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More Venezuelans leaving Ecuador than entering

As a result of new immigration rules, more Venezuelans are leaving Ecuador than entering. The trend, which began in September, is in stark contrast to the same time last year when thousands a day were pouring across the Rumichaca Bridge at the Colombian border.

Venezuelans board a truck near the Ecuador – Colombia border for the trip home.

According to those heading back to Venezuela, the lack of employment in Ecuador, Peru and Chile is primary reason they are going home. Refugees are also leaving Colombia due to poor employment prospects, immigration officials say.

Beginning August 26, Ecuador required that Venezuelans entering the country have a visa and a valid passport even though such documents are almost impossible to obtain in Venezuela. The requirement had been imposed by Peru three months earlier, leaving tens-of-thousands of Venezuelans stranded in Ecuador, many of them with family members already in Peru and Chile.

The United Nations Office of International Migration, which protested the tighter entry restrictions in Ecuador and Peru, says the number of Venezuelans returning to their home country is increasing rapidly. “Most of them have been unable to find employment since leaving their country while others were illegally underpaid,” the UN said. “As with refugees everywhere, they were frequently abused in local labor markets and had no employment benefits, such as health care.”

The UN said that the inability to bring family members with them was another factor in the return home of many Venezuelans. “They had hoped to earn enough income in their new countries to bring others with them but this was not possible and, instead of splitting families, they decided to return.”

The Venezuelan Civil Association of Ecuador says that in addition to employment problems, refugees faced discrimination and sometimes violence in Ecuador. “They are accused of crimes they didn’t commit and of taking jobs from locals,” the association director said. “Xenophobia is a major problem in all the countries where they have relocated,” he added.

18 thoughts on “More Venezuelans leaving Ecuador than entering

  1. “Patriotism”: What exactly does that word mean to Latin American countries? Does it mean that if you don’t accept the governing of your own country, you simply pack your stuff and go burden some other country? Or does it mean waving the flag of your country at soccer games? Is it any wonder why the U.S. is so concerned about ILLEGAL immigration?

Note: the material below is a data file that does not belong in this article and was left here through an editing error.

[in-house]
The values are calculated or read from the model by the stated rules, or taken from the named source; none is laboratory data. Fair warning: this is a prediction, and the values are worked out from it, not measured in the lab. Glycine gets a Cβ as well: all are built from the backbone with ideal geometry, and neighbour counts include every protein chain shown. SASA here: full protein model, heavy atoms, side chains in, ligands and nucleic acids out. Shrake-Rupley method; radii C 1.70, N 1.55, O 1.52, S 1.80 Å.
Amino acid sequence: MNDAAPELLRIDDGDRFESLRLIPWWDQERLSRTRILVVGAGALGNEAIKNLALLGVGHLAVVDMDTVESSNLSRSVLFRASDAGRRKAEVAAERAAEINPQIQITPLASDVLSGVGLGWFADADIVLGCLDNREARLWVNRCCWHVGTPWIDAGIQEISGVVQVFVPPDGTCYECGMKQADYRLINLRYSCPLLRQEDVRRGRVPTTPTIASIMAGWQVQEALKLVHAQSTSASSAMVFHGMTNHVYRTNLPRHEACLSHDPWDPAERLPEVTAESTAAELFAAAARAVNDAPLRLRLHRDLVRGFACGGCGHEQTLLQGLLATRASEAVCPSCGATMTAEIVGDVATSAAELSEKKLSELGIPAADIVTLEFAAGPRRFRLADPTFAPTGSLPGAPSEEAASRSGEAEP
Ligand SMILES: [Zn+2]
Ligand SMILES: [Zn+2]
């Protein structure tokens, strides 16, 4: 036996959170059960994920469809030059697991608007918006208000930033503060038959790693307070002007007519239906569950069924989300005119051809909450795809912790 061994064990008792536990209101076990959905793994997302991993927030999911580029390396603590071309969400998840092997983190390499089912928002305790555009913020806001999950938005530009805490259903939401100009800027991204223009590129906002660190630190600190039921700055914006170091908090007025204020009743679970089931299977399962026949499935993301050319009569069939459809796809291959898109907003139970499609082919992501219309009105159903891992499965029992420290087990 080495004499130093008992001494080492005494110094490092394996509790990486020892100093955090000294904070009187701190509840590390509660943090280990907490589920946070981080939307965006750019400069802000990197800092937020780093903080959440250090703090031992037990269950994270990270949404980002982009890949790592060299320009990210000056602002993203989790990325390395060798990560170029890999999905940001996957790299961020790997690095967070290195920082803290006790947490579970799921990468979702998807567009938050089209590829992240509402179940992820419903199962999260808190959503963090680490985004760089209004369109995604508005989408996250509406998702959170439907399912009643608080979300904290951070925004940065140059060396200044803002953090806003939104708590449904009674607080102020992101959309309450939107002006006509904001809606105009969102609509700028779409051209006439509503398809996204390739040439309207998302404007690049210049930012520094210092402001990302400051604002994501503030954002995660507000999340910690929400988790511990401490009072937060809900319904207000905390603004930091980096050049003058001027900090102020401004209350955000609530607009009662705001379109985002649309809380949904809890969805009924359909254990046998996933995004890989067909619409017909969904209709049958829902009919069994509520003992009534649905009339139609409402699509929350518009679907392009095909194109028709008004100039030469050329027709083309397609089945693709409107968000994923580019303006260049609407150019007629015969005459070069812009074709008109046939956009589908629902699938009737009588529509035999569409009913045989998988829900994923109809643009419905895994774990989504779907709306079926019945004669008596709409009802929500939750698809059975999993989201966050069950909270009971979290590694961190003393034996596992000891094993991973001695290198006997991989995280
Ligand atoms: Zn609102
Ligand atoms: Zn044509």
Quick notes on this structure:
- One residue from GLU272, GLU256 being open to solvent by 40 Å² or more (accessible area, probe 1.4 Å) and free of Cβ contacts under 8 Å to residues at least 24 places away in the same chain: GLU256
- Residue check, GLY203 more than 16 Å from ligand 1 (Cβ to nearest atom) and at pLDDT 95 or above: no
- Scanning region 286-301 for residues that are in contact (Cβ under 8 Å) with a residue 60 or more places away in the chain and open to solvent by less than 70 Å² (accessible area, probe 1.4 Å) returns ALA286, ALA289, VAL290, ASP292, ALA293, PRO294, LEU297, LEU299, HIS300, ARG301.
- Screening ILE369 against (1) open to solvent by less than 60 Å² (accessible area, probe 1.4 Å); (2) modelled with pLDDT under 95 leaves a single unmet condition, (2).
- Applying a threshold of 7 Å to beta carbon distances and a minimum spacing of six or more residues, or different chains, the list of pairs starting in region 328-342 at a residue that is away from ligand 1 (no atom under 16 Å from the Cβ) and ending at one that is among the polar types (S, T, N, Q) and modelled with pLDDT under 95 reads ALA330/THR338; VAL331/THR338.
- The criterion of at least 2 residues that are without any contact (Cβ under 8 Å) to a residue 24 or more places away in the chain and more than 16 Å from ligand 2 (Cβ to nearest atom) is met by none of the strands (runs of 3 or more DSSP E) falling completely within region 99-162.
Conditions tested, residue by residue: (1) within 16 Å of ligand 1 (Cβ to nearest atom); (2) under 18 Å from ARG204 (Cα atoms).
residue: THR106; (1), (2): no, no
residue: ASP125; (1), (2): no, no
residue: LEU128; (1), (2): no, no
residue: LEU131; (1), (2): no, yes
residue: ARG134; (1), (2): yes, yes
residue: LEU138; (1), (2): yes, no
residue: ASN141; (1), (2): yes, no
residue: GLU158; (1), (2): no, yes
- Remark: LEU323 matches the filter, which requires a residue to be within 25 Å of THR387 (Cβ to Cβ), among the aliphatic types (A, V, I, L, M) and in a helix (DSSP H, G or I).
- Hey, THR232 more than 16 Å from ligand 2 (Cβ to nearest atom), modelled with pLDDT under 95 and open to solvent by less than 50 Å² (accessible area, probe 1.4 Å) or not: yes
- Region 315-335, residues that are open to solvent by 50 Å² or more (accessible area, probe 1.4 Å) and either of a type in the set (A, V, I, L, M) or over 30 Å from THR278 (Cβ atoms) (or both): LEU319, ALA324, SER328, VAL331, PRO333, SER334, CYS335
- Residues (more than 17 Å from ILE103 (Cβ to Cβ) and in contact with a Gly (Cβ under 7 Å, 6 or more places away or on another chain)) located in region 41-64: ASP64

Not so long ago, people from Central America were invading the southern border of the U.S., in huge caravans. What I found so shocking is that so many of these illegals were crossing the border into the U.S. while waving the flag of the country they abandoned. How do you think that looks to patriotic Americans of the U.S.? Bottom line: They have no clue what the word “patriotism” means.

    1. I spent over a year in Vietnam with the Marines from 1968-69 at the DMZ and at Khe Sahn. Was wounded and I am 100% disabled by the VA. I refuse to fly the flag of the U.S. as many would-be “patriots” love to as I consider it a cheap form of “patriotism”. If you haven’t fought for that “glorious” flag in a war, then YOU don’t have a “clue what the word ‘patriotism’ means. No one is “invading the southern border”. There are many refugees (NOT ‘illegals’, which is a right wing insult to desperate people seeking safety for their families in a country that stole at the end of cannons and guns all the states from California to Louisiana from Mexico. ) If you consider yourself a patriot, why have you abandoned your country? Is it because you too are looking for a better, less stressful, dangerous and more economical life away for the USA? Ecuador does not need right wing fanatics and acolytes of the traitor in the White House, who is far less patriotic and much more dangerous to the U.S. than immigrants, legal or illegal.